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Wednesday, May 30, 2012

Writer's Block: Getting Into the Chair and Staying There | Phil Stutz and Barry Michels, Psychology Today

"If you break down the writing process carefully, you find two points when a writer gets blocked," write blogger Barry Michels. He continues:
The first is when she has to get herself to sit down and start writing. (Believe it or not, some don’t make it. I’ve treated writers who have gone for six months without writing a word.) If a writer makes it past the first point, she has to face the second: keeping herself in the chair, continuing to write. ...
Michels writes that various types of pain are what prompts people not to get started writing. For example, pain caused by dread:
the prospect of having to invent an entire world is a little like having the creative responsibilities of God—with none of the superpowers. The task feels impossible.
For help in moving through that pain, Michels links to previous blog in which the writers discuss a tool they call Reversal of Desire.

Michels then describes the difficulty or ability of writers to generate what the bloggers call "flow." Flow, he says, is "the sense that something wiser and more fluent is using you as a conduit for the writing." He writes:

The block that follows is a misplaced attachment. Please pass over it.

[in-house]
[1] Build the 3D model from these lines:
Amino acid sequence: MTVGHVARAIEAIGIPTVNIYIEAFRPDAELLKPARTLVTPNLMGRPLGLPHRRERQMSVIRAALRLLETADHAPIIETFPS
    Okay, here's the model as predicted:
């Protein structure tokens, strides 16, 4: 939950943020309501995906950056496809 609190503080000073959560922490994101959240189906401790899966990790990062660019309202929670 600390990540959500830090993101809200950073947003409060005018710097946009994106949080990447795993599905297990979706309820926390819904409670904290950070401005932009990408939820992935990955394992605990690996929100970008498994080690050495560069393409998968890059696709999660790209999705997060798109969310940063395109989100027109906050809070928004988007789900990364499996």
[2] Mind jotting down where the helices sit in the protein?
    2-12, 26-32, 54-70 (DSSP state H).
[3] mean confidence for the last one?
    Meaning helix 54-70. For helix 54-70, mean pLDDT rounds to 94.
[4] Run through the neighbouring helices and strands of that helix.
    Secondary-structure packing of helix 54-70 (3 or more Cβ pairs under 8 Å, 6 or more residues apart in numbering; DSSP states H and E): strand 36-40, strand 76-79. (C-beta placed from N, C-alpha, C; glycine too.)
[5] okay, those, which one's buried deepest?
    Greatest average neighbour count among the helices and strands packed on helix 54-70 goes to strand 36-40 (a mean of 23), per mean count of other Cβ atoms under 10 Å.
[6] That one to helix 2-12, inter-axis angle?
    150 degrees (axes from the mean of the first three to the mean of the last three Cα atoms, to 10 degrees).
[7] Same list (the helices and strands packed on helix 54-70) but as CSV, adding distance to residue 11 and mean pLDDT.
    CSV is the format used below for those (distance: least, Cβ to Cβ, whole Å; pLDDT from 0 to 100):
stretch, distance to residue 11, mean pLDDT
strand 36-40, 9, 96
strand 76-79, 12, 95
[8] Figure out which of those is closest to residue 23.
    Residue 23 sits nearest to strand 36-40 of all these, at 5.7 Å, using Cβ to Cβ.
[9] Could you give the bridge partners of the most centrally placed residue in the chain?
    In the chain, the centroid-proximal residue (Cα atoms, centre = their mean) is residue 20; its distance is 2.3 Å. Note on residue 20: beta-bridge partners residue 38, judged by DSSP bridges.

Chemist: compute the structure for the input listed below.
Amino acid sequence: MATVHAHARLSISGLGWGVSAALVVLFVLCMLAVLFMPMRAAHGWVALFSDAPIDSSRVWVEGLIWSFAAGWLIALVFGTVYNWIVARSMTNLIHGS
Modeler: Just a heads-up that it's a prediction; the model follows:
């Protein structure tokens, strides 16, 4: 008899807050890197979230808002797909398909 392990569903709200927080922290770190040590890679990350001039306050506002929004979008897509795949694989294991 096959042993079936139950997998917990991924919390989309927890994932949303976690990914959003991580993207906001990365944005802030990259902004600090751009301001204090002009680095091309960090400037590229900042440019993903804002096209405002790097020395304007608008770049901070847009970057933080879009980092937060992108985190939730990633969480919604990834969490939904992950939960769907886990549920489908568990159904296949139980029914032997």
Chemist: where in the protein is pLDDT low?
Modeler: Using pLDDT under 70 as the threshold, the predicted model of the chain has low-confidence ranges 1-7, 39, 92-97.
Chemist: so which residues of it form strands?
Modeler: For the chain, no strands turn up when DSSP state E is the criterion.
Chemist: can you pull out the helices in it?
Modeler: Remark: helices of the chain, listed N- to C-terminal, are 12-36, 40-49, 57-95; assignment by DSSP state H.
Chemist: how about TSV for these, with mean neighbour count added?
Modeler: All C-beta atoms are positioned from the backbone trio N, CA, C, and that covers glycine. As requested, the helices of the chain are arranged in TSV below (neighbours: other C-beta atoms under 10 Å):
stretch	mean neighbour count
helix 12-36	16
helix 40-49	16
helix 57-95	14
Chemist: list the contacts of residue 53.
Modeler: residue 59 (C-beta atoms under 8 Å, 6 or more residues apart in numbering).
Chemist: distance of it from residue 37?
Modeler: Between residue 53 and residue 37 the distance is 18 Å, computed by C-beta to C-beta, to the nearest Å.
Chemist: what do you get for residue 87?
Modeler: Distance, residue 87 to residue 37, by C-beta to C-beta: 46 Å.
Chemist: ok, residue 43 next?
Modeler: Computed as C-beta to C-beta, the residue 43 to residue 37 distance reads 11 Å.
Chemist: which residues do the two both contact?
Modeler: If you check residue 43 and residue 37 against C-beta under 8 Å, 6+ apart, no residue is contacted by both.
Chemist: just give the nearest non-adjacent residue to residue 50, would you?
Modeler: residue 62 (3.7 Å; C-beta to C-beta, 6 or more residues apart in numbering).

Flow doesn’t come to those who try to express themselves well. Flow comes to those who express themselves freely.
For writers to reach a "flow state," Michels writes, they must do something counterintuitive: They must accept flawed writing [emphasis added].

As a former public information officer for a wastewater treatment agency, I appreciated this analogy in Michel's conclusion:
If you can’t accept the bad, you can’t get to the good. It’s as if the flow is pure, clean water trapped behind dirty, disgusting sewage. If you can’t welcome the sewage and let it flow through you, you’ll never be able to get to the pure stuff.
(He then refers to a tool developed by the bloggers to help writers do that. But he says it will be described in an upcoming post.)

For more advice on this topic, check out the Overcoming Writer's Block section in Garbl's Writing Process Links.

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